The market for bikesharing services has been in flux since 2016, particularly in China and other East Asian countries. While this change, which is marked by the large-scale adoption of dockless bikesharing systems, intially received little attention in Germany, since 2017 it has become increasingly visible in German cities. Within the span of just a few months, numerous providers of bikesharing services from various countries – including China and Singapore, as well as Denmark, Germany and the US – have entered the German market with dockless systems.
This development has augmented the significance of bikesharing as a transportation solution while also fundamentally transforming how cities and muncipalities deal with such mobility services. While the new dockless systems have been deployed with varying degrees of coverage in cities such as Munich, Frankfurt and Berlin, they diverge substantially from older systems in Germany in terms of how they are used.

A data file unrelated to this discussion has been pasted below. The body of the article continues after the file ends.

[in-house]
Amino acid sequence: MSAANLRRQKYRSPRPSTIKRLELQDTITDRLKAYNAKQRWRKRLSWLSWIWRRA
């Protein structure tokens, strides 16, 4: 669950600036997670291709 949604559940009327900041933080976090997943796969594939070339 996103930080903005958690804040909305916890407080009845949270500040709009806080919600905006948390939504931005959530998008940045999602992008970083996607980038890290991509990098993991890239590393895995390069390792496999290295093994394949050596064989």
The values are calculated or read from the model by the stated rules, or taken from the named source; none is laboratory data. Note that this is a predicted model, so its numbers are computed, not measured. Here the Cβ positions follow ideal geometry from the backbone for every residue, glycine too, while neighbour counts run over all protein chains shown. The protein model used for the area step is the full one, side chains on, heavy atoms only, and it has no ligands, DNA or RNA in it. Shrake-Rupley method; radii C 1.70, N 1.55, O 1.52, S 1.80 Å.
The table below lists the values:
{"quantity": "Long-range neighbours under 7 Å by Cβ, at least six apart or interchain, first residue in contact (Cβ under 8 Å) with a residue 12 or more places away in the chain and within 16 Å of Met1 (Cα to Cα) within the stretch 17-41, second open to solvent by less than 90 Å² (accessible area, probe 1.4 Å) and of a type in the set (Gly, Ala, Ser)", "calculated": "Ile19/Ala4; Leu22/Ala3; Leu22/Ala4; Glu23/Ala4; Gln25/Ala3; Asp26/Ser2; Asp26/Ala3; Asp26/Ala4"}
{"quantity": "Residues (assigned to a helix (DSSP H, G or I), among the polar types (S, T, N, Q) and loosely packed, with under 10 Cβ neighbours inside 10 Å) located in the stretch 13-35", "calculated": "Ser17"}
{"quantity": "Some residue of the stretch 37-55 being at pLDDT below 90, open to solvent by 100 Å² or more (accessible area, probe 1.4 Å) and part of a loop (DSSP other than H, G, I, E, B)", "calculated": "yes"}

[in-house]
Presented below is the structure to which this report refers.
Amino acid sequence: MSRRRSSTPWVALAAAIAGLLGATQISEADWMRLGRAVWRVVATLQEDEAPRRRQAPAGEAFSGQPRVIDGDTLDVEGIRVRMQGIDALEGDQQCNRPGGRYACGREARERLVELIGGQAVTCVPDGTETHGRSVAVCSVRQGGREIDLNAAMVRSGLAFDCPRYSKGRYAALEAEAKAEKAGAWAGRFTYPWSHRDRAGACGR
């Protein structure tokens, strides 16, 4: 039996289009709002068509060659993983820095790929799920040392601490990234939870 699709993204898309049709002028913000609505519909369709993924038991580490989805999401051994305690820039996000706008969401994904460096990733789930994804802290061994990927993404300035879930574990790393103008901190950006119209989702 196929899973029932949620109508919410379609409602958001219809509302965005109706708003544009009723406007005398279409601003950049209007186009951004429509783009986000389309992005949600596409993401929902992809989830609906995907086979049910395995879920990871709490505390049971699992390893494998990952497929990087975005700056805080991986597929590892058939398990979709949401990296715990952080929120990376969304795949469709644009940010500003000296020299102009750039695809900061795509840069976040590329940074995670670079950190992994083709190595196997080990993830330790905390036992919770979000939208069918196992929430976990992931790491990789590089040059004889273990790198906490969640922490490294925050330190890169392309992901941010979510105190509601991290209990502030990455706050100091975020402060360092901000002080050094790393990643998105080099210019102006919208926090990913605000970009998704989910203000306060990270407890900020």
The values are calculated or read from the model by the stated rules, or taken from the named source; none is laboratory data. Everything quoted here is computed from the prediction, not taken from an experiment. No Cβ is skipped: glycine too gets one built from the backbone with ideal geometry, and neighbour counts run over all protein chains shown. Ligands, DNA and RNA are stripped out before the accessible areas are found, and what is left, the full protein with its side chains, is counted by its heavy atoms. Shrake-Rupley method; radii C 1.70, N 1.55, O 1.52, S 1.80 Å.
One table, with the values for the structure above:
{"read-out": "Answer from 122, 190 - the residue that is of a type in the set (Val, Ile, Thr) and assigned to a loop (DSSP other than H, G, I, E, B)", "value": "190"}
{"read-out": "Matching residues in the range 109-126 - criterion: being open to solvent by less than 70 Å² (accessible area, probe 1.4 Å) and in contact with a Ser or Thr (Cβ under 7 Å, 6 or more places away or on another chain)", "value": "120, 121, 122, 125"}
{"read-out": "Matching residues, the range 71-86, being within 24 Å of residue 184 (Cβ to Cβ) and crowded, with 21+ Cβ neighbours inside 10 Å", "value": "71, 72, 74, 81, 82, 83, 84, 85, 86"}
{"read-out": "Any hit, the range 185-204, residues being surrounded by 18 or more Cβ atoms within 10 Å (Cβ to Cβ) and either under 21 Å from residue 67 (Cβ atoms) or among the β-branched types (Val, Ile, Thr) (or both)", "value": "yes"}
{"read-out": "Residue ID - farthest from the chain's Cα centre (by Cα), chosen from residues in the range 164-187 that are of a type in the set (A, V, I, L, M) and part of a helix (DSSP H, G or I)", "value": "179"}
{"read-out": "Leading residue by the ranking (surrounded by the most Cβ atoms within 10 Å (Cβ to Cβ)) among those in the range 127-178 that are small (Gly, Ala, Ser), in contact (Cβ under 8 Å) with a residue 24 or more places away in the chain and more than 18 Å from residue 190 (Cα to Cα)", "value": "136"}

As part of this project, the opportunities and risks associated with dockless bikesharing services will be examined with the goal of highlighting important considerations for the planning and regulatory practices of German cities and municipalities. The project is being undertaken together with the German Cyclists Association (ADFC), the Association of German Cities (DST), and the German Association of Towns and Municipalities (DStGB). An additional goal of the project is to strengthen dialogue between cities and bikesharing service providers, and, in this way, to promote the integration of dockless bikesharing services in the mobility networks of urban areas in a manner that is beneficial for the urban environment.